Panel Junction combines the graphic novel with forms of shared authorship that have been a mainstay in my earlier work. In principle, it merges spontaneous drawing with scripting and direction from online visitors. Participants from around the world could contribute dialog, graphics, caricatures, fonts, narrative ideas, internal monologues, jokes, backgrounds, puns, story-boards, coloring, anecdotes, and sketches. Modeled after the multi-user content management systems used in massively collaborative software development projects, Panel Junction includes narrative "road maps" and different versions of work in progress that range from sketches to refined, high-resolution graphics. The Adobe PDF format is used for the final version of the twelve page graphic novel, which everyone can download and print.

Interactive tools are integrated into a website to help further the collaboration. However there has been no purist agenda with regard to the graphical user interface. To facilitate the communicative process participants were invited to use digital cameras, color laser printers, scanners, mail, voice over IP (Skype), file uploading, and email. Work-in-progress sketches were added to show the state of the panels in progress.

For Panel Junction #2 the page development process was more prolonged. It seemed this might correspond better to the occasional arrival of interested developers via the Web. Towards the end of the summer of 2007 I began evaluating the proposals, contributions, and discussions with the intention of completing the second edition. But there really wasn't much to work with, unfortunately. So instead of throwing extra energy into marketing, I decided to focus on the print product.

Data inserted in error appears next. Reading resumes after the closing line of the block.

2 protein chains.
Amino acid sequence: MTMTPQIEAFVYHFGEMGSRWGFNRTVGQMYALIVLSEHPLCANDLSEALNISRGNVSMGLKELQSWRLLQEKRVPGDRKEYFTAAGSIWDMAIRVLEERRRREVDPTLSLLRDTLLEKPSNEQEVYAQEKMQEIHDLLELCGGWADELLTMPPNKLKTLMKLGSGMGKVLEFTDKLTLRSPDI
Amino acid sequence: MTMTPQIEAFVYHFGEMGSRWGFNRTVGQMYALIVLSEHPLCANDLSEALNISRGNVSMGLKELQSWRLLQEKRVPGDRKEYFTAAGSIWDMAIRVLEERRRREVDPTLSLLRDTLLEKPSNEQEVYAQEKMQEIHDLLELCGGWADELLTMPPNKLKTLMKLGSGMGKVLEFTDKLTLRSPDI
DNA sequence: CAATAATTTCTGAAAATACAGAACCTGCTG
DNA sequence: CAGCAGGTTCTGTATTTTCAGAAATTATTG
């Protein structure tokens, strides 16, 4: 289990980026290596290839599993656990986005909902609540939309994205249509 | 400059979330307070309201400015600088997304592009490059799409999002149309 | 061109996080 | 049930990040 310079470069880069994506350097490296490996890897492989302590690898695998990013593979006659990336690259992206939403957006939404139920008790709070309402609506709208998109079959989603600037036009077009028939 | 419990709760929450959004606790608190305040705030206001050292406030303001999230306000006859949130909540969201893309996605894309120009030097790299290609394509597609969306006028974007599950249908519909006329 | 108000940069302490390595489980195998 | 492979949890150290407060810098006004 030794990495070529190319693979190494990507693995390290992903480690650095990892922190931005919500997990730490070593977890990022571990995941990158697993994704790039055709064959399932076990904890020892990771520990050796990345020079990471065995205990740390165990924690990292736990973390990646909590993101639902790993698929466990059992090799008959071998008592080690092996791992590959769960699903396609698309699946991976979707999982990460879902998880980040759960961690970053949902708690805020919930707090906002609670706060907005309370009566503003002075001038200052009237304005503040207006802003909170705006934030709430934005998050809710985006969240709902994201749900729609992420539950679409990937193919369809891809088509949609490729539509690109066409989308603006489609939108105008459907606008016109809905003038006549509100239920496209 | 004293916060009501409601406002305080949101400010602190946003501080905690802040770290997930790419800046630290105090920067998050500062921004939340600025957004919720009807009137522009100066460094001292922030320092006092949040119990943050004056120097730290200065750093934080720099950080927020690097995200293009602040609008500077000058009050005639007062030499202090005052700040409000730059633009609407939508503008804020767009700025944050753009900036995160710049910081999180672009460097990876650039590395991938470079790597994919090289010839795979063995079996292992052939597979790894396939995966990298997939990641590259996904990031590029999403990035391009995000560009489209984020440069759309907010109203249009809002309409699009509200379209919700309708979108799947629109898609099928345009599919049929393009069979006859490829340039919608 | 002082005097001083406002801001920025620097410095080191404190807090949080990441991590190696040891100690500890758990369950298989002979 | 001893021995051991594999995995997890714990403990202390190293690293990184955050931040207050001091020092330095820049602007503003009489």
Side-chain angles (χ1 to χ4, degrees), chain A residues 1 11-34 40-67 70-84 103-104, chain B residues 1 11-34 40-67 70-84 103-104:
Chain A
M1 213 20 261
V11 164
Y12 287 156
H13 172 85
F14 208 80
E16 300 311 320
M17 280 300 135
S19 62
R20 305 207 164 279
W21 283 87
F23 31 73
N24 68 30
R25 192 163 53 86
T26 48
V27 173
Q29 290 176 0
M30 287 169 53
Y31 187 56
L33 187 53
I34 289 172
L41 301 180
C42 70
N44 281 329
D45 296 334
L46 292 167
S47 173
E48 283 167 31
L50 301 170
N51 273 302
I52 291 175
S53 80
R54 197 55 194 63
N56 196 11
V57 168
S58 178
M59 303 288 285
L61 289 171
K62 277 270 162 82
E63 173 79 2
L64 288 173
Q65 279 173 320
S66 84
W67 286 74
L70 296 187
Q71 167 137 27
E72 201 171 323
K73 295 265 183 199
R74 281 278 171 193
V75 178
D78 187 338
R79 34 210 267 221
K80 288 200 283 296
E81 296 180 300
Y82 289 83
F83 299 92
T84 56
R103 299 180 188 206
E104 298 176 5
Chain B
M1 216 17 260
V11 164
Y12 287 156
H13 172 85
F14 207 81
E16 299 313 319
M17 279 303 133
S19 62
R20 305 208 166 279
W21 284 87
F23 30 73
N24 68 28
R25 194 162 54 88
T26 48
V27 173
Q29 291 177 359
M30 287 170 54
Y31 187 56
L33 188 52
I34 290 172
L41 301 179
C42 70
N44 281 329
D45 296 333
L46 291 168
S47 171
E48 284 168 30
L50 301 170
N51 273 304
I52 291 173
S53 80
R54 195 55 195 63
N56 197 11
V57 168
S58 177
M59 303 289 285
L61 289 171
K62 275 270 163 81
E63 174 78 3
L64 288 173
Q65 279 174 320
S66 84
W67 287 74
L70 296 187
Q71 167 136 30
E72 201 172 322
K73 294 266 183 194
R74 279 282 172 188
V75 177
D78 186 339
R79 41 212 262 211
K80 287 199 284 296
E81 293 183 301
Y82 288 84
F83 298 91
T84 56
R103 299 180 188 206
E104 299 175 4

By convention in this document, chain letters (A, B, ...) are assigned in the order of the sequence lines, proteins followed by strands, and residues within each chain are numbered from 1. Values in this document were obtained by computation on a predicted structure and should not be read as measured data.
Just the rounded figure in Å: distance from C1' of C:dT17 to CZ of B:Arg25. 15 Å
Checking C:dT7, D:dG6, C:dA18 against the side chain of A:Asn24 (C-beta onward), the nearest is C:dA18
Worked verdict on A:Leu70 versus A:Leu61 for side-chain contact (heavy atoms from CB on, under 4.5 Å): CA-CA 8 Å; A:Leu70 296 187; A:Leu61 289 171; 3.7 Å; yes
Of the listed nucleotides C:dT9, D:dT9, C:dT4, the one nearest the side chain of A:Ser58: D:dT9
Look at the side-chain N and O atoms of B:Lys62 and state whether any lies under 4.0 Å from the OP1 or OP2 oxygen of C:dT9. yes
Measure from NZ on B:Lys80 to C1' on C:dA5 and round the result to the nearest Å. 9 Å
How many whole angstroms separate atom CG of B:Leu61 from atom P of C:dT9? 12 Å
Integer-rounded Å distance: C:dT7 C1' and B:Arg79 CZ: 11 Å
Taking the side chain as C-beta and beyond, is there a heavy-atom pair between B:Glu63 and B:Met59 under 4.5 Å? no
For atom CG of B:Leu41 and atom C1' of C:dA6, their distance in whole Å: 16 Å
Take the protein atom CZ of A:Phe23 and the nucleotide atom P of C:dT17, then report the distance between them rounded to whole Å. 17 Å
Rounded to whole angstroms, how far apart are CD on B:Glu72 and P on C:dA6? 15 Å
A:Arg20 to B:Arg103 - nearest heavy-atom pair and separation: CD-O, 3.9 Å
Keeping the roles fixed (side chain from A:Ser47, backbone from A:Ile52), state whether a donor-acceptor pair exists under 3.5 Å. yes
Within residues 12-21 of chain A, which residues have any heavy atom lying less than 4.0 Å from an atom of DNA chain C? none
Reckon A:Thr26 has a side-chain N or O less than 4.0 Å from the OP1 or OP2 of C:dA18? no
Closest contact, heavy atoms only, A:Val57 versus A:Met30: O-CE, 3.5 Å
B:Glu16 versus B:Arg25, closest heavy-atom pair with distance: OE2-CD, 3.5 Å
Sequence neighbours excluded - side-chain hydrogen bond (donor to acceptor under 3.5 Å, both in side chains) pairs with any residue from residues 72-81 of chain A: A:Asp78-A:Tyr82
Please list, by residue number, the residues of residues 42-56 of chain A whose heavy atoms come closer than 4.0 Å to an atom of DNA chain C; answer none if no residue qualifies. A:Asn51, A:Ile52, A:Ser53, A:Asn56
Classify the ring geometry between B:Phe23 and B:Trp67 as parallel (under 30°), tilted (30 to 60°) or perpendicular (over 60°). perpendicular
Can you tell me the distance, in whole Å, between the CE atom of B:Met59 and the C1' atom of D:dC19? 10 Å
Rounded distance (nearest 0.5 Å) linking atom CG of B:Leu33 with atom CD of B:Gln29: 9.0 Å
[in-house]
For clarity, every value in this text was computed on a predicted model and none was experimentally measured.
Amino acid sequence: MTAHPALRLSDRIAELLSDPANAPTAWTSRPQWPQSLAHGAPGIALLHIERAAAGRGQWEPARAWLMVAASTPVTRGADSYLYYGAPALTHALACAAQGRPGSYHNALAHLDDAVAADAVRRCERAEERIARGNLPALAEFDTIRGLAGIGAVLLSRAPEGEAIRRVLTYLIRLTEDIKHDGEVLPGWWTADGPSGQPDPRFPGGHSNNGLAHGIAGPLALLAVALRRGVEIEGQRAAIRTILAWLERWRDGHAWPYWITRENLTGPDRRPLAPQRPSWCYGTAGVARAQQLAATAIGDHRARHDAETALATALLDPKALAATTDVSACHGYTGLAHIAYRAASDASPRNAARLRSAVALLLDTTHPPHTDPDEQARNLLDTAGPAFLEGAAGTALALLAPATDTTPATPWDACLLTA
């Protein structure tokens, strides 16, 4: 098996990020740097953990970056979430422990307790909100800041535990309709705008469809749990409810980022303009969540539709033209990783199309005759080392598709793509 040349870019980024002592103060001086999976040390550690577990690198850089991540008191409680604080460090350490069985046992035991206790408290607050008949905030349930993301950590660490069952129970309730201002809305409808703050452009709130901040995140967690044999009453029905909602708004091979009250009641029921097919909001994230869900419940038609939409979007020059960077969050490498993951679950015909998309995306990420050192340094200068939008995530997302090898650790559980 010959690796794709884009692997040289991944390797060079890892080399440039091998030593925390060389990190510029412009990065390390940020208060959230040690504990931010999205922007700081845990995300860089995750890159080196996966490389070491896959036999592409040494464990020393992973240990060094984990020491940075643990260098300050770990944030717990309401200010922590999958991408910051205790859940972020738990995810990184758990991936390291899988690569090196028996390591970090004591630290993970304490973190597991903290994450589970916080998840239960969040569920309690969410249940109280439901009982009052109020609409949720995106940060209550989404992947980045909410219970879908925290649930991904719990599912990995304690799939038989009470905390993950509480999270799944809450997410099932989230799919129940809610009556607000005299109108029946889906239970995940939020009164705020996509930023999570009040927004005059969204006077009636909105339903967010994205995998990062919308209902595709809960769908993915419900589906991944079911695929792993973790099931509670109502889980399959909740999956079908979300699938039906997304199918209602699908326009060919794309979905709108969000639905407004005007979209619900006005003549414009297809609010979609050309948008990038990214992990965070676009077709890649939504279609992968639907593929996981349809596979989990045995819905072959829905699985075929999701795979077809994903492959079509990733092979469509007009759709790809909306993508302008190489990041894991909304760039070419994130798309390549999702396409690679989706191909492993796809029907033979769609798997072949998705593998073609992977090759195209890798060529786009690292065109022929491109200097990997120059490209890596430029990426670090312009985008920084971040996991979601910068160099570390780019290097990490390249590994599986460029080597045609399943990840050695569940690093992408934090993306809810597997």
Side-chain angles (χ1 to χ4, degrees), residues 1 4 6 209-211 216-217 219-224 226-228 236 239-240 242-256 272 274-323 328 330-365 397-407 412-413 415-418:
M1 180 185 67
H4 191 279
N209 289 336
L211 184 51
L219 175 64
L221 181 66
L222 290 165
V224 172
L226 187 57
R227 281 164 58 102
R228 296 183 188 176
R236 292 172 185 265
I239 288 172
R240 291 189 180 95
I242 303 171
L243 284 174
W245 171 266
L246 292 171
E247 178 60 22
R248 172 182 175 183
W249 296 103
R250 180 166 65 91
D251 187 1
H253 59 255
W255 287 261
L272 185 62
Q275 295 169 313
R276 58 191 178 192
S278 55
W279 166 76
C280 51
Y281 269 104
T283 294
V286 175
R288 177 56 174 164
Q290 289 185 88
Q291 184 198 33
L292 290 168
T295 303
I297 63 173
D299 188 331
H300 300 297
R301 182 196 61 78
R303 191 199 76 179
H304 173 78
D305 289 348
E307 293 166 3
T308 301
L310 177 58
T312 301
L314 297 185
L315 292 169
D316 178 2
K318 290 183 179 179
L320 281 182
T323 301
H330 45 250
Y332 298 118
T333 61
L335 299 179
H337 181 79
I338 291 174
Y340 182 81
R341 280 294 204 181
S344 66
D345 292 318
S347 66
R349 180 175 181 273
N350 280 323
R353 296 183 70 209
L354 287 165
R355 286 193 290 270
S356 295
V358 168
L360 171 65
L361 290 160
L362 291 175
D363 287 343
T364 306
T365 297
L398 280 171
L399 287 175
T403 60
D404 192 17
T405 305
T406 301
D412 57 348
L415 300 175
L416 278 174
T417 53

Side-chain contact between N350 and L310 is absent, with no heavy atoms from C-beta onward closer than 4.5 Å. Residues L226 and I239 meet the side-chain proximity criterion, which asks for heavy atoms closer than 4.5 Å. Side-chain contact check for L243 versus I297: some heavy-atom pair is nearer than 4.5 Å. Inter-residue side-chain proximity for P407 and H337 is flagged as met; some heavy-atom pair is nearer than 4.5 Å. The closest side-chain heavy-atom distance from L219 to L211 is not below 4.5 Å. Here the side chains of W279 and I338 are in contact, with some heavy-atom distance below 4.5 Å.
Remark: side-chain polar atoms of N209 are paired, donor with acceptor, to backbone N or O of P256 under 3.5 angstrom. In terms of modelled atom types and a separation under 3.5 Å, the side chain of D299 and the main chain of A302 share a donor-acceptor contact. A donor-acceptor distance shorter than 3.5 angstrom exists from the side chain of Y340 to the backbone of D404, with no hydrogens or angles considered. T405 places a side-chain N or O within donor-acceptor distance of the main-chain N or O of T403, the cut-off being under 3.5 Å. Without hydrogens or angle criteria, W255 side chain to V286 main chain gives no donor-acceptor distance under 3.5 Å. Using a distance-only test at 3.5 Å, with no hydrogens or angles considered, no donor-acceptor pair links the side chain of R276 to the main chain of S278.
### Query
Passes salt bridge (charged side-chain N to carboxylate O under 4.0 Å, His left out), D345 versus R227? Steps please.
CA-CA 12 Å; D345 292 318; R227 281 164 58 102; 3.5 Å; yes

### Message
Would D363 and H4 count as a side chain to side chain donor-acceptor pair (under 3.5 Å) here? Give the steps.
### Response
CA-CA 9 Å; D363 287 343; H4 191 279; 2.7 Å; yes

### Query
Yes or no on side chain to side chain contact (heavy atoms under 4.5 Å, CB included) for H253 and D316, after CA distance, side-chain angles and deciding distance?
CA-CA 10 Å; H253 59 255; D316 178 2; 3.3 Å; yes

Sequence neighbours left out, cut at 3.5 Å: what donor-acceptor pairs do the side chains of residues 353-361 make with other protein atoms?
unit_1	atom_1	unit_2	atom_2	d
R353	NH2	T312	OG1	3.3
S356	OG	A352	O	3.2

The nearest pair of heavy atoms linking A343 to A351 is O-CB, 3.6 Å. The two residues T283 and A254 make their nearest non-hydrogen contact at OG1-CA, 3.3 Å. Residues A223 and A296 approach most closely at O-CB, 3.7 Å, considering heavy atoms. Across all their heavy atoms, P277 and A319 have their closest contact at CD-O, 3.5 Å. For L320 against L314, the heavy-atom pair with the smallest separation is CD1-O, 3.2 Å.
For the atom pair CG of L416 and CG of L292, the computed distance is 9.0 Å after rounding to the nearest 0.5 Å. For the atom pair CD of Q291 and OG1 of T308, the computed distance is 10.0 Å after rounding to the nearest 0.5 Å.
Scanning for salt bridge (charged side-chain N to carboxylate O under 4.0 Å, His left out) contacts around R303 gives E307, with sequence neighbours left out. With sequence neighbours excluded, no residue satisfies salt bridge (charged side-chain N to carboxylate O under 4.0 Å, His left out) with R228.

In theory, my title has been the "maintainer" of this project, echoing open source terminology. Like any maintainer of a collaborative software project, I would like to have attempted to sustain a productive relationship with contributors, respecting their suggestions and so forth. Yet in the absense of active participation, I ended up taking charge of virtually every phase of production, including its visual and narrative dimensions.

It's not clear if there will be a Panel Junction #3. In the past I have worked with other artists on comics, passing drawings from artist to artist with each person contributing to the development of the story. I've found this to be a rewarding and spontaneous practice, and I'm trying to reproduce the experience as Net Art. Perhaps something will cause me to want to try again. I invite you to look at Panel Junction #1 and Panel Junction #2 to get a fuller sense of the overall project.

— Andy Deck